Colon adenocarcinoma is the third most commonly diagnosed cancer and the second deadliest one. Metabolic reprogramming, described as an emerging hallmark of malignant cells, includes the predominant use ... [more ▼]

Colon adenocarcinoma is the third most commonly diagnosed cancer and the second deadliest one. Metabolic reprogramming, described as an emerging hallmark of malignant cells, includes the predominant use of glycolysis to produce energy. Recent studies demonstrated that mitochondrial electron transport chain inhibitor reduced colon cancer tumour growth. Accumulating evidence show that myoferlin, a member of the ferlin family, is highly expressed in several cancer types, where it acts as a tumour-promoter and participates in the metabolic rewiring towards oxidative metabolism. In this study, we showed that myoferlin expression in colon cancer lesions is associated with low patient survival and is higher than in non-tumoural adjacent tissue. Human colon cancer cells silenced for myoferlin exhibit a reduced oxidative phosphorylation activity associated with mitochondrial fission leading, ROS accumulation, decreased cell growth, and increased apoptosis. We observed the triggering of a DNA damage response culminating to a cell cycle arrest in wild-type p53 cells. The use of a p53 null cell line or a compound able to restore p53 activity (Prima-1) reverted the effects induced by myoferlin silencing, confirming the involvement of p53. The recent identification of a compound interacting with a myoferlin C2 domain and bearing anti-cancer potency identifies, together with our demonstration, this protein as a suitable new therapeutic target in colon cancer. [less ▲]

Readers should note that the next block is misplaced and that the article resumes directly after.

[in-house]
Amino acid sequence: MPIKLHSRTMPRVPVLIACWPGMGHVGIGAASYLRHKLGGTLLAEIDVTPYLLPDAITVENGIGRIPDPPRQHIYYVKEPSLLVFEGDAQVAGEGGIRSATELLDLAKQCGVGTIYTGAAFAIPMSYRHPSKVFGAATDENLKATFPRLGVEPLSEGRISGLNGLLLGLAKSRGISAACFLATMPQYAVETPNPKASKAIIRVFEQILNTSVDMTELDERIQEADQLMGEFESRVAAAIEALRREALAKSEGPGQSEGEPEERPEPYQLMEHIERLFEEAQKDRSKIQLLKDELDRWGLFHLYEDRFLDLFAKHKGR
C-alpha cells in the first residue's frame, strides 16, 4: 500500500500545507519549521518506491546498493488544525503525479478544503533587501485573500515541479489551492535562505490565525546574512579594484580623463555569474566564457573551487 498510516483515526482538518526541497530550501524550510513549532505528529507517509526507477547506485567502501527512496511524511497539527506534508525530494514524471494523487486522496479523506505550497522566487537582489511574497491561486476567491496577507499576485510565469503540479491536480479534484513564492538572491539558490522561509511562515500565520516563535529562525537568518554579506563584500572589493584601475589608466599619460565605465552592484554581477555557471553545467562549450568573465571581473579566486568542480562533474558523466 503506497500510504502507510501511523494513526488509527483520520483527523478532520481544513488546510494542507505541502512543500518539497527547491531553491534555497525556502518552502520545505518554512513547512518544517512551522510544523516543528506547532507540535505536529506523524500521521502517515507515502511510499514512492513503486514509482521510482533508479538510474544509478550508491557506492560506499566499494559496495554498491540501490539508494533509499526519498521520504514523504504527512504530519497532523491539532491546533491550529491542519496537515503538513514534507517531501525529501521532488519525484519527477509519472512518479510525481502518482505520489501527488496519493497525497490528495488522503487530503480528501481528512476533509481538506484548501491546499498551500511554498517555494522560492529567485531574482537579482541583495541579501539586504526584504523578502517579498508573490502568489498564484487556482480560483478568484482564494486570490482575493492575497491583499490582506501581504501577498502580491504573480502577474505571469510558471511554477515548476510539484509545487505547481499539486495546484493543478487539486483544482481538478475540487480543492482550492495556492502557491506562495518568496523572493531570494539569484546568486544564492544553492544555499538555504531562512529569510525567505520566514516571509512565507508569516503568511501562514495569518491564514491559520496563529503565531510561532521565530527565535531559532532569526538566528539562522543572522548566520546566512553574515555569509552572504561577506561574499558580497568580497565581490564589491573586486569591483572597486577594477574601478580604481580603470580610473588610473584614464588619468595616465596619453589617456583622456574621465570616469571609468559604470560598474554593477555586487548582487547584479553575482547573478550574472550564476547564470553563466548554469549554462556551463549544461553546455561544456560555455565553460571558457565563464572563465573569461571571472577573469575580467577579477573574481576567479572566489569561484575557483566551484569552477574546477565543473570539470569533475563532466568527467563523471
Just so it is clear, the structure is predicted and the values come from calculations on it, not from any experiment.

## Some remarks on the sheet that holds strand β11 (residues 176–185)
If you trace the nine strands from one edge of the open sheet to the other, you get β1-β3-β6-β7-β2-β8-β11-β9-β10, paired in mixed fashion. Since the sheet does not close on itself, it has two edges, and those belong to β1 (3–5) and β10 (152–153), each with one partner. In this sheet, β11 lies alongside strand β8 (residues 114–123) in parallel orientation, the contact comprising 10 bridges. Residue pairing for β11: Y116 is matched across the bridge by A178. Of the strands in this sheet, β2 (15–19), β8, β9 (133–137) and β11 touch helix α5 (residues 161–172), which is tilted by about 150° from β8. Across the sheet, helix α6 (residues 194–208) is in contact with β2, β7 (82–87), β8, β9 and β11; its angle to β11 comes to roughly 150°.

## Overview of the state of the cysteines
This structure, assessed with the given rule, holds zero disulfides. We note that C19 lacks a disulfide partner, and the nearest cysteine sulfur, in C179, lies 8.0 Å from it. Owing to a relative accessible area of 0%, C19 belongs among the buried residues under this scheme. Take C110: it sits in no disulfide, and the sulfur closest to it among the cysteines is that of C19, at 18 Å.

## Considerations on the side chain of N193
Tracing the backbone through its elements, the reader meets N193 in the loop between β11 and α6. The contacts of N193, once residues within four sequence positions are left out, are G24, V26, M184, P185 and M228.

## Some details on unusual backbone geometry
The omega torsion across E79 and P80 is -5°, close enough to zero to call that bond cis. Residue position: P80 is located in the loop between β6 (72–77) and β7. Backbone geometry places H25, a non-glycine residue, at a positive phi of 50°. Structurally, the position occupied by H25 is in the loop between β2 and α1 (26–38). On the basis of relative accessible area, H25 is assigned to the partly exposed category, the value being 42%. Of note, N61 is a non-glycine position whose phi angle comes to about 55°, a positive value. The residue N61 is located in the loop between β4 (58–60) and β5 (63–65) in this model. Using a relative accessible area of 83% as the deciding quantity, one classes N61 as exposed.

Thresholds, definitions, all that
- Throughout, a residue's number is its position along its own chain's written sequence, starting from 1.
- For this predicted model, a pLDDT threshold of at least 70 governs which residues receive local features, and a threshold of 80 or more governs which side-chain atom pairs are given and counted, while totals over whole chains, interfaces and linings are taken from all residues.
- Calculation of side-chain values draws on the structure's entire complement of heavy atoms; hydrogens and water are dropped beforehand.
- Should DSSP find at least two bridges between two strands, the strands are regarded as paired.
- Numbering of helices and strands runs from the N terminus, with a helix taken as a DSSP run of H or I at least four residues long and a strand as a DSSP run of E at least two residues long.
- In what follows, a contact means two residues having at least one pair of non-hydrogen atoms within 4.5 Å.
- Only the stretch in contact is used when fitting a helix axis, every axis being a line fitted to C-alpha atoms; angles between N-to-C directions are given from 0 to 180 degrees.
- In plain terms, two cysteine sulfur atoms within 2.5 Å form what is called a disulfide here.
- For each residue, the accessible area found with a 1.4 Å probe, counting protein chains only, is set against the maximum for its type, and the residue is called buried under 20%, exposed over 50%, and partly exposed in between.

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See detailMyoferlin controls mitochondrial structure and activity in pancreatic ductal adenocarcinoma, and affects tumor aggressiveness
Rademaker, Gilles ULiege; Hennequière, Vincent ULiege; Nokin, Marie-Julie ULiege et al

in Oncogene (2018), 37((32)), 4398-4412

Pancreatic ductal adenocarcinoma (PDAC) is the third leading cause of cancer-related death. Therapeutic options remain very limited and are based on classical chemotherapies. Energy metabolism ... [more ▼]